I didn’t go to the Cinema even though I would've been to the Prince Charles with my new German friend Christina if I hadn't been late after spending such a long time in Hamleys trying to find the perfect gifts for my kids.

I didn’t go to Notting Hill.

I didn’t go on the Ferris wheel, the London Eye. But I did take many pictures of it.

I didn’t see a musical.

I didn’t even get a glimpse of Harrods.

I didn’t get to know Brick Lane and this is the thing I regret the most, together with not taking a photo crossing the Abbey Road.

Oh, I also deeply regret not having fish and chips.

So, even though it was my second time in London I still must come back. There are many places in the world I still don't know and I really want to but I'm not done with London yet.
Thank you Cultura Inglesa for my English, and now for making this dream trip come true.

Raquel Rodrigues

15 April, 2009

Contributions from Icaraí 1

Hi, everyone! This is Raquel Rodrigues posting. I'm a teacher and consultant in Icaraí 1 and as a blogger I thought our blog might benefit from a couple quizzes like these:

Your Travel Personality Is: The Sophisticate

You're well educated and cultured, and the places you travel to reflect that.

You appreciate the best art, food, architecture, and local flavor.

A true traveler, you are destined to be multi-lingual and very worldly.

I would also like to mention that we're asking students to contribute by sending stories of trips they've been on along with a couple of photos of the place and hopefully they'll be published here soon. I myself will join in with my own testimonial about my Cult Trip to London last July.
Coming soon ;-)

14 April, 2009

Have a Quick Bite

I'm glad that some people replied saying that they want to talk about food. I'm gonna tell you a bit of what I experienced in London, but I do wannna hear from you, ok? I wanna hear whatever you have to say, not only about food!!!!

When I went to London for the first time, I stayed in a very charming old lady's house. There was also a Spanish guy there, taking the very same course I was. Anyway, one day we invited her out of the kitchen and we decided to cook her a Spanish Omelette. Obviously, I don't know how to cook a Spanish Omelette, but I was an excellent helper to Martin (my Spanish buddy). Don't even ask me what the ingrdients are; the only thing I know is that there are lots of eggs involved in the process (laugh).

My second time in London was even better, especially because I had the company of two very dear friends, Vivi and Ana. I don't remember who suggested that we should have an English Breakfsta, but it doesn't matter now. It was memorable!!!
I'm gonna post two different pictures. I want you to tell me which one shows a real English Breakfast, will you?

09 April, 2009

What Would You Like To Talk About?


We really want to share this space and, for this reason, we want to know what YOU want to talk about.

  • Places to go;
  • How to get there;
  • What to do there;
  • How long to stay;
  • What to take;
  • etc.

Just choose (or suggest) the topic. Your wish is our command!



Hit The Road would like to give its warmest welcome to each and everyone of you interested in getting to know more about travelling and things related to the topic. Teachers and students from Cultura Inglesa, be my guest!

Have The Time Of Your Life!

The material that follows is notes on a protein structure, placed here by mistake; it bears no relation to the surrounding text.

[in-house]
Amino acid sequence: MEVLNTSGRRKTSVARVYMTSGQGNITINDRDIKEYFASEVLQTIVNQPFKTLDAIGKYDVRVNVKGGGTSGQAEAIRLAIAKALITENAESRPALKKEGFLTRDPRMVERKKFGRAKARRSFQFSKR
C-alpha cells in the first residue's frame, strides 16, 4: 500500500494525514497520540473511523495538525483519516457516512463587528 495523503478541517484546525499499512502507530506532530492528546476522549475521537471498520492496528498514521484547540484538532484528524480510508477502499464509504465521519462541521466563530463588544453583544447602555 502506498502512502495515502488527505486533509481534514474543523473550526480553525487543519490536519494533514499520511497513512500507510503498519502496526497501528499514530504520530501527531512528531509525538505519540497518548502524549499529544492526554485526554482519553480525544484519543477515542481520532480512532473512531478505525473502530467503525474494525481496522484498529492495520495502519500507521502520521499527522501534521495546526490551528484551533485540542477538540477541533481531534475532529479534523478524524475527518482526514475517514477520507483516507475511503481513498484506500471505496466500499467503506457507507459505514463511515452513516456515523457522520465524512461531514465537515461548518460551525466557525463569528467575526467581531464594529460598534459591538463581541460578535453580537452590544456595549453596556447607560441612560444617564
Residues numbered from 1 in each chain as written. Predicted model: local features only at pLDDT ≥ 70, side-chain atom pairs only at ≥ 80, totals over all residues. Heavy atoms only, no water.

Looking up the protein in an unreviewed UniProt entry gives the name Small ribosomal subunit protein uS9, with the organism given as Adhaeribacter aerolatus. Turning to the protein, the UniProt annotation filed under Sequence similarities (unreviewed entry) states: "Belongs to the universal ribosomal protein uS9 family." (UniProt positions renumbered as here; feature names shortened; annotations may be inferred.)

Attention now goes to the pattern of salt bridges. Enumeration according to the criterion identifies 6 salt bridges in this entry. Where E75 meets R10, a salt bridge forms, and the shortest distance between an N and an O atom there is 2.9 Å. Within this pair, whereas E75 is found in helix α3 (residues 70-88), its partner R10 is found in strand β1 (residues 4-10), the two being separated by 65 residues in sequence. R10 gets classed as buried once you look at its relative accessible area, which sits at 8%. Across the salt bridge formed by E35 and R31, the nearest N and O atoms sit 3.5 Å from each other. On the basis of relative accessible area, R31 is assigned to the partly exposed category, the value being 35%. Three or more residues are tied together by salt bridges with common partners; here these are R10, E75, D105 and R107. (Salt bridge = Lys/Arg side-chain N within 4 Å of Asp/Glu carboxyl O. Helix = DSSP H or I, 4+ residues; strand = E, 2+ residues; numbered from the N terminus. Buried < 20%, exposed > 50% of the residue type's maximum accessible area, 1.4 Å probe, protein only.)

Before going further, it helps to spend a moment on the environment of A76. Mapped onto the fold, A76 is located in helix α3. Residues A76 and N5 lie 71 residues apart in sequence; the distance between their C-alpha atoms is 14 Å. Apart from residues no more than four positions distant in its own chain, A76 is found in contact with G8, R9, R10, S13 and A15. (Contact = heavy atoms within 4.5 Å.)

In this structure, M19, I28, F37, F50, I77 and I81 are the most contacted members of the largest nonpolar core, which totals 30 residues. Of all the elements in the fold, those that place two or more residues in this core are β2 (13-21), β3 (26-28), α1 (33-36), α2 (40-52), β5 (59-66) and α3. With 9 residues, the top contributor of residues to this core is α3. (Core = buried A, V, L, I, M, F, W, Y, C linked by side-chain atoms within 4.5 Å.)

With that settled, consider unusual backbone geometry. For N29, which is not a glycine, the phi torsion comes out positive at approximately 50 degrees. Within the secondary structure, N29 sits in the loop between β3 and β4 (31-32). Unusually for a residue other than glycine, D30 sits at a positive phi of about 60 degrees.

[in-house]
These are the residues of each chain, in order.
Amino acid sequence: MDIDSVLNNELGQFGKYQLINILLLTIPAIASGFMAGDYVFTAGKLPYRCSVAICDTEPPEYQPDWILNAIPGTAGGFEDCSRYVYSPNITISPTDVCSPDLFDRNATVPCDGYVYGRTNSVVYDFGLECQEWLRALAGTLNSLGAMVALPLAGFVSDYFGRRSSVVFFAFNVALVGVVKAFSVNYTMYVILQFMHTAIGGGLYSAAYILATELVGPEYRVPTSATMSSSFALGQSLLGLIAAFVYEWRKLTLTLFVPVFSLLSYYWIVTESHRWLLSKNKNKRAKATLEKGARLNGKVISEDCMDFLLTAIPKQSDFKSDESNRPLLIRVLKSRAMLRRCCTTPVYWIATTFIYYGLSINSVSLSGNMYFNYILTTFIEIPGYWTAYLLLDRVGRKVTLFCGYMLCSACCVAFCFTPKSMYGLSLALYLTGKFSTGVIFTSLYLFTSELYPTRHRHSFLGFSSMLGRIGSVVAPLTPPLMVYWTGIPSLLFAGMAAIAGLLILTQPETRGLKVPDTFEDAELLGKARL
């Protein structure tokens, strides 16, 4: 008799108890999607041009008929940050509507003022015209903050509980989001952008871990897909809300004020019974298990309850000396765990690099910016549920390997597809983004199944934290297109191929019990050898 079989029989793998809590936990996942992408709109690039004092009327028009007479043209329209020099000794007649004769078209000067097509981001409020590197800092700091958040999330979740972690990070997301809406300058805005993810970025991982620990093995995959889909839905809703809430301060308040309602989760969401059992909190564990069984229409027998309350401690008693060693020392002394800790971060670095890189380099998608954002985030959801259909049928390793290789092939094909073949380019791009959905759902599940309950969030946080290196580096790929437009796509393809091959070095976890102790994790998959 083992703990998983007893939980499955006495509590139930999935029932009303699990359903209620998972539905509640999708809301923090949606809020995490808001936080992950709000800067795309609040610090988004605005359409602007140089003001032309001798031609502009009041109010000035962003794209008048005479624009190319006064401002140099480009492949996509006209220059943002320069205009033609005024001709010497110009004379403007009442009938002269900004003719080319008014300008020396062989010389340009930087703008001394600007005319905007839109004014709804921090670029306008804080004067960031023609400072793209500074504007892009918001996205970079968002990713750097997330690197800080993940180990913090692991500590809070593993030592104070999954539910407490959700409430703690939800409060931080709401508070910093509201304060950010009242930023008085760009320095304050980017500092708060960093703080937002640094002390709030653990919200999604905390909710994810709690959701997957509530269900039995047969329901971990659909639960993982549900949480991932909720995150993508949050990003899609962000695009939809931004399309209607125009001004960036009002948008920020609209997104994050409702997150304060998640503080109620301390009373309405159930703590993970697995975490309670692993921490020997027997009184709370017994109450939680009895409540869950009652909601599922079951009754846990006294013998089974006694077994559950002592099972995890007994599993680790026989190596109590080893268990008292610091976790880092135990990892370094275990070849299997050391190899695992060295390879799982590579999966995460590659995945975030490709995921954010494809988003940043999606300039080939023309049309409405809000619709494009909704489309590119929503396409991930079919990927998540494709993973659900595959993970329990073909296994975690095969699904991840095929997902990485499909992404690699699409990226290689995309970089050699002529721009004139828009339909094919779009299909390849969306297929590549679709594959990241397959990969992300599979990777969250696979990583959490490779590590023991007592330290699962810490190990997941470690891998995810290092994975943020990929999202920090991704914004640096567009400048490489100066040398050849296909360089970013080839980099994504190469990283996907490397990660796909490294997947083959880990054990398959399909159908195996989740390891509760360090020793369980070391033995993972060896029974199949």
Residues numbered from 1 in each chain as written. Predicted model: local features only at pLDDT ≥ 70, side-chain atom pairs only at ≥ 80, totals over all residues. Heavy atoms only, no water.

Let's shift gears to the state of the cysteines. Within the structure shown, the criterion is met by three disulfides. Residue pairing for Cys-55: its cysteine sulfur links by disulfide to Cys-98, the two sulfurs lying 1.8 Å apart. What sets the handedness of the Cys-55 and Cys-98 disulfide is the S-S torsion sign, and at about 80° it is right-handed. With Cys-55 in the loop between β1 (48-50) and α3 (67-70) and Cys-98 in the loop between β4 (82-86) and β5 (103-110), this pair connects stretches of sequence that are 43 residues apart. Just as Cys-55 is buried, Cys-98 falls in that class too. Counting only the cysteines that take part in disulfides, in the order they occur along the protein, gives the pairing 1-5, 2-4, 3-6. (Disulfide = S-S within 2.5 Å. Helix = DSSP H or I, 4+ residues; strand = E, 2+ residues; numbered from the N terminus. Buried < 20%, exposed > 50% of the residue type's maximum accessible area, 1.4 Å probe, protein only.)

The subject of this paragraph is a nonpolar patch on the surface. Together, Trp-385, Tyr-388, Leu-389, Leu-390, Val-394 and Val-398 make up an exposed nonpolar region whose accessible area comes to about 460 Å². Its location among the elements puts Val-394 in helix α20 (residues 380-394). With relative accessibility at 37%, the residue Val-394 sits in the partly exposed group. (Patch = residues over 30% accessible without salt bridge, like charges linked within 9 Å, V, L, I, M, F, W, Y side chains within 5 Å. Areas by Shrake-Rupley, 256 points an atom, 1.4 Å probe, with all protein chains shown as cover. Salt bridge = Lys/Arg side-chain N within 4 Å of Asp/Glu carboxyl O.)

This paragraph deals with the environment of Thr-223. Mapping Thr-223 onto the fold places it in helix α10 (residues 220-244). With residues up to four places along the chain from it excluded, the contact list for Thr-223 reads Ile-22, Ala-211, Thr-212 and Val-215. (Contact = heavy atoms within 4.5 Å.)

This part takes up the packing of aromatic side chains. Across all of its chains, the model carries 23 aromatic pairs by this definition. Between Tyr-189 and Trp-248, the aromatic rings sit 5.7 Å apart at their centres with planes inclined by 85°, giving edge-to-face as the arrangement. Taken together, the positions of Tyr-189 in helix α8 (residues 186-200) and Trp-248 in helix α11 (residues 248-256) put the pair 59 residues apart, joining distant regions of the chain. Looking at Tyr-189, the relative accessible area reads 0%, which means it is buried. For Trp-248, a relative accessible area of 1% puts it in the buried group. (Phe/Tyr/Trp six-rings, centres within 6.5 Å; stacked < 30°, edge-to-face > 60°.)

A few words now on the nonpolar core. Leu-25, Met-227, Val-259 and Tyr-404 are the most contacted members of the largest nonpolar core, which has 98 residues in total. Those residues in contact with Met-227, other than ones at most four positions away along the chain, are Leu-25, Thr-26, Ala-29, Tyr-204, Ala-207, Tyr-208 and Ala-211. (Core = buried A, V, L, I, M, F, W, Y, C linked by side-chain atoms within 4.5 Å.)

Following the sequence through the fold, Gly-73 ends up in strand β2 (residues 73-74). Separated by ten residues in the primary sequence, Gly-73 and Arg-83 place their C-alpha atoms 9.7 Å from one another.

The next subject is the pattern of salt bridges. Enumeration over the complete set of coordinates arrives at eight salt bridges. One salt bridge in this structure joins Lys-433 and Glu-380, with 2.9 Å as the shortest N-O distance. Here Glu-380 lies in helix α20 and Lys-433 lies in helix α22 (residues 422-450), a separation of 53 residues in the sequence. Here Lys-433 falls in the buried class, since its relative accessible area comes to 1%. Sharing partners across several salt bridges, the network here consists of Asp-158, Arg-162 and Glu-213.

Travelling is awesome, isn't it? That's why we decided to share a bit of our experiences with you and show that travelling is a lot easier than we might imagine. Also, if you want to share some of your experiences as well, be our guest.

Here goes an interview with Carlos, a Cultura Inglesa Madureira student, who is going TODAY (April 09th) to London. Btw, it's his birthday today as well. Happy birthday, Carlos!

HTR. Tell us about when you decided to travel.
Carlos. I've been studying at Cultura for almost 4 years now and I really wanted to test my English. I know I can speak English, but when I finished the Cultura Express 6 (now I'm an Express Plus 2 student), I felt this urge not only to practice what I've studied, but also to become more confident - that's what I really believe is going to happen. I believe that we become more understanding when we travel. Meeting different people, different cultures, having to adapt, is certainly going to help me in different aspects of my life. And I want to have fun as well.

HTR. And, why England?
Carlos. To be honest I wanted to go to NY, but my brother - who gave me the plane tickets as a birthday present - convinced me to go to England. Of course I could always say no, but after all the things he showed me about the Queen's land, it seemed to me that London was the right place to go. But as soon as I come back, I'll start saving again to go to NY. And he promised to join me!

HTR. What was it about England that your brother showed you?
Carlos. He showed me pictures of beautiful places and all the history behind them. He told me about how friendly the people can be and how much one can learn there. It's all about culture, you know. Of course there's culture everywhere - USA, New Zealand, Canada, and so on - but England was the place he had information about (laugh).

HTR. Was it difficult to have all set?
Carlos. Not really. What's important is to close the deal with someone you trust. I don't really want to make any propaganda here, but as I study at Cultura, I thought it would be fair enough to count on them to help me out. I called Rosa - who's the person responsible for this area - and she helped me with everything I needed. I'm staying for three weeks and I'm gonna have 20 classes (not sure if it's 20 classes or 20 hours - laugh) per week. I chose to stay with a host family because I want to experience their daily lives. Simple things like having breakfast together, talking about their routine and being part, at least for three weeks, of a regular British family.

HTR. What are the expectations now?
Carlos. Well, I've already packed. It's my first trip abroad, you know, so I expect to speak English a lot, meet new people, visit places and do everything I can. I wanna have the time of my life!